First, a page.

According to Grevenius, however, Berlau’s trip was more work-related than she admits. Berlau was supposed to go to Spain to do research for Señora Carrar’s Rifles, but instead she travelled to the front and took up arms.
With some help from Berlau’s accounts Brecht then writes the play together with Margarete Steffin. Like The Mother, it tells the story of a woman who rejects her passivity in favor of collective struggle. After having prevented her sons from joining the war, she takes up arms herself and at a decisive turning point in the play marches out to the front.
With the express purpose of supporting the republican side in the Spanish civil war, Berlau produced a performance of Señora Carrar’s Rifles at the social democrat Workers’ Theater (Arbejdernes Teater) in 1937, and at Borup University (Borup Højskole) in 1938, with an ensemble featuring actors from both the Workers’ Theater and the Revolutionary Theater.
The play was also performed in different cities in Sweden, directed by among others Berlau. In 1938 it had its Swedish premiere at the Odeon Theater in Stockholm, directed by Hermann Greid. In a photo from the Odeon Theater in Grevenius’s book, Brecht can be seen surrounded by Naima Wifstrand, Carlo Derkert, Berlau, and several others. The following year the play was performed in a production by the German actor and director Curt Trepte, who worked as an instructor at the Amateur Theaters’ Association in Västerås. The production travelled to several cities, and was played at among other places an outdoors theater at the Eskilstuna People’s Park, during the Social Democratic Youth days.
In connection to the performance Brecht says the following:
Ever since I worked with amateur theater in Berlin I have been interested in that form of theater. A normal professional actor does not have much contact with everyday life in shops and factories, with the masses and the working life.
In her memoirs, Berlau writes that she found it difficult to translate Brecht’s The Mother and Señora Carrar’s Rifles. When she attempted to place herself closely to a technically satisfying or even correct interpretation of Brecht’s language, the results were flat. It was only when the actors themselves adjusted the language, during rehearsals, that it came back to life. It was through practice and through actual use of the text, that the manuscript was fully realized. The translation of The Mother was corrected while the actors spoke their lines, Berlau says. It is tempting to imagine how the rehearsals for the agitprop play How Much Is Your Iron? looked. Were the lines adjusted in parallel to Berlau’s directing? And how was it that the comical element was so strongly emphasized? The subject was deeply serious, but it was vital to be able to laugh.
I started to work with some members of a Swedish social democratic workers’ theater, and then Brecht joined to help. In his hands our agitprop acting was transformed into something closer to slapstick comedy. Brecht insisted that the hair of the actor who played the iron salesman should stand up straight, like on a clown. We were able to arrange this with the help of a wig. (Ruth Berlau)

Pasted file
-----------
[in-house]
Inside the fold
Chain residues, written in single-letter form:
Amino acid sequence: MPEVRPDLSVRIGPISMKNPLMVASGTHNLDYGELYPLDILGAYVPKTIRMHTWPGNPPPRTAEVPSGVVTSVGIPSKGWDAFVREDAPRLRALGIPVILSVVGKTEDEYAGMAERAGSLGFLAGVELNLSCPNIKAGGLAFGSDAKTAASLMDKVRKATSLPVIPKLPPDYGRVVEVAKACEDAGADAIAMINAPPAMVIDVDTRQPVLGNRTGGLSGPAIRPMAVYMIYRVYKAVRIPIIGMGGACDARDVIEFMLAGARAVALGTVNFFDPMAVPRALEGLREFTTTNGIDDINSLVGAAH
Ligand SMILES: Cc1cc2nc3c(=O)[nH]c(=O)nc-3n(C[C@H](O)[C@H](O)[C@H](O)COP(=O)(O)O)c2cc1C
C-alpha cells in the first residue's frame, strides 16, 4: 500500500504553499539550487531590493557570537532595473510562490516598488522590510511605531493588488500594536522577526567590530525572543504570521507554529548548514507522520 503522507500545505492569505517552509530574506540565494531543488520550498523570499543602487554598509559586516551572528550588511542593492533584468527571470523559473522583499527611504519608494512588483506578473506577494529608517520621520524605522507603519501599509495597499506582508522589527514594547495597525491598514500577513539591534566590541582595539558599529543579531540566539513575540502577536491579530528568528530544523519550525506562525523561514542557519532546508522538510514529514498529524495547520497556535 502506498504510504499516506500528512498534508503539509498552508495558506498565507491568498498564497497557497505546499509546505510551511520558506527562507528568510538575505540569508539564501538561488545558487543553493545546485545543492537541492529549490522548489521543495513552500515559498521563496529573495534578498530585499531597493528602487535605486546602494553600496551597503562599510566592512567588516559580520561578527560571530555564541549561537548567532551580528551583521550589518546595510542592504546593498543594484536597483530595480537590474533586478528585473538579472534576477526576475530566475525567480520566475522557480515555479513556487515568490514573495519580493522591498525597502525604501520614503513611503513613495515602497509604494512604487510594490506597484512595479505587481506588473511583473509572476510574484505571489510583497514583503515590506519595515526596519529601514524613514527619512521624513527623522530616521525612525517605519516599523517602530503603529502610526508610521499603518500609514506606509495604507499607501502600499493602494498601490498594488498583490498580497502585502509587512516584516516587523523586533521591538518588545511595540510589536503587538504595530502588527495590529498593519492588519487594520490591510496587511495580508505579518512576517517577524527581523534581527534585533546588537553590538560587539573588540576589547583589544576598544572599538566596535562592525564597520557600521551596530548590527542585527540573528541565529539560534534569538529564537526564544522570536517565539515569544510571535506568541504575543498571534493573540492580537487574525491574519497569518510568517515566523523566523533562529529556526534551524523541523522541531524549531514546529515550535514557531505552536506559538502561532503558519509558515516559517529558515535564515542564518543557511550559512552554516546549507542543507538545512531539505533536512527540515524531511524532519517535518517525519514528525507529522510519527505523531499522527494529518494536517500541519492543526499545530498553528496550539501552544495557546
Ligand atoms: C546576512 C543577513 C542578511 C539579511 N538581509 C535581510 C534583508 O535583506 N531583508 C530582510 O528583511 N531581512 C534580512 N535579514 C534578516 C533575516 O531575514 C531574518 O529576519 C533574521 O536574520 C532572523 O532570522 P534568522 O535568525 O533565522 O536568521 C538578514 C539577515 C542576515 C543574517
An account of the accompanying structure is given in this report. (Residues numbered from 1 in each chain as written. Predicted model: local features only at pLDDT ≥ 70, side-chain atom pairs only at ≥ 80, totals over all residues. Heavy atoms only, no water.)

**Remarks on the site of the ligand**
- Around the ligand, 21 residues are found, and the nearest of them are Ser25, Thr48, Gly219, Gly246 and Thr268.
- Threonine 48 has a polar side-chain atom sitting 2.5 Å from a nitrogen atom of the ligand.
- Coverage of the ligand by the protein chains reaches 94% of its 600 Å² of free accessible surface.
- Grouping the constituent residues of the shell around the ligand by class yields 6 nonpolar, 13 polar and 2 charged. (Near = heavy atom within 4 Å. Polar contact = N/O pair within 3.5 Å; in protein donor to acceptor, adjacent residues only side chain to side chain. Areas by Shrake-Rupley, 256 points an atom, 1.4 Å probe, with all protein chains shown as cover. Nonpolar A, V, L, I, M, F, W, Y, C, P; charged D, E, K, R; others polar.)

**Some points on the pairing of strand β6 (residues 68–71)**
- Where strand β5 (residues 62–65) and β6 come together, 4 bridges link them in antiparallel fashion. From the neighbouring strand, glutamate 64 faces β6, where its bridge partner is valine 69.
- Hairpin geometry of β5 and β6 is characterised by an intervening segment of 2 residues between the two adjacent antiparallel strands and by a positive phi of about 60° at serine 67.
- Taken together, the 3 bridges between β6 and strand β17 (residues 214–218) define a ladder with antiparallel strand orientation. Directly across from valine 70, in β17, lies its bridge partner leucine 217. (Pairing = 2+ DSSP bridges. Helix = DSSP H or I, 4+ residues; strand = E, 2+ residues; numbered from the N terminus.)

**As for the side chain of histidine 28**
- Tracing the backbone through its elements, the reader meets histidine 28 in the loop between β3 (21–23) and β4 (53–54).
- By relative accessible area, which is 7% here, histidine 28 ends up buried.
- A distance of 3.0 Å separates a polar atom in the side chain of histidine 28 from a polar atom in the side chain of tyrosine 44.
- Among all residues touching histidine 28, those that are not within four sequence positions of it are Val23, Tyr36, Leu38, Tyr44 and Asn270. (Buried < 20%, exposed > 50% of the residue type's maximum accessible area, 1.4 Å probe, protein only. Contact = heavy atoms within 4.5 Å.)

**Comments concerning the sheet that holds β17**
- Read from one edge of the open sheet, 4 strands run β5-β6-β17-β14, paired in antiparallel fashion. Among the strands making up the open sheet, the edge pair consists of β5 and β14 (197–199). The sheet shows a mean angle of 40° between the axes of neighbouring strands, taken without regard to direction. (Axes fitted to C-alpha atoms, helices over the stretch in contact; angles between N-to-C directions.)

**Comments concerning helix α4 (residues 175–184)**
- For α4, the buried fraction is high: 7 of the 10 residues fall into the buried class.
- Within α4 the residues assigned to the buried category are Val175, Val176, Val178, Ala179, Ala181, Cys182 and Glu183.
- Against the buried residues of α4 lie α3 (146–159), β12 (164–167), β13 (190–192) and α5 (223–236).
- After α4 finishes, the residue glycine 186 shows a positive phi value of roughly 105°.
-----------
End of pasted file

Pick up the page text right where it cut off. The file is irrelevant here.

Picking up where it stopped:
Bertolt Brecht, Journals 1934–1955, London: Routledge, 1993.
Ruth Berlau, Living for Brecht: The Memoirs of Ruth Berlau, ed. Hans Bunge, trans. Geoffrey Skelton, New York: Fromm International Publishing Corporation, 1987.
Herbert Grevenius, Brecht: liv och teater, Halmstad: Sveriges Radio, 1964.
”Passiviteten blir Europas undergång”, Eskilstuna-Kuriren, 1939~08~07.
”Senora Carrars gevär”, Eskilstuna-Kuriren, 1939~08~07.
Benedikt Hjartarson, Andrea Kollnitz, Per Stounbjerg, and Tania Ørum. A Cultural History of the Avant-Garde in the Nordic Countries 1925–1950, Leiden: Brill / Rodopi, 2019.
“Ruth Berlau (1906~1974)”, Dansk Kvindebiografisk Leksikon.
Radio 65.22 is an auditory cross section of the biennial’s theme and contents, which amplifies and makes accessible written texts, framed situations and artistic voices. Radio 65.22 also enables an encounter with chosen parts of the Luleå Biennial’s activities for those who cannot experience the biennial in situ.
With Radio 65.22, we want to inscribe ourselves into an experimental and exploratory radio tradition, where the media itself becomes a platform for our ideas on radio and its capacity to depict and mirror the world around us. The task of Radio 65.22 is to tell of reality, in further ways that may not be possible through the image or the text.
Under Fragments: Time on Earth you will find radio programmes and sound pieces in different genres and forms that reflect this year’s biennial in various ways. Spirit of Place is a touring series of literary conversations on language and place. The culture journalist Kerstin Wixe takes us along to places that have played a significant part in an author’s stories, or carries the story’s history. Woven Songs is a deepening series of radio programmes that accentuate singing, the voice and the role of storytelling in the creation of new world views and orders, produced in collaboration with Public Art Agency Sweden.
Listen, reflect, enjoy!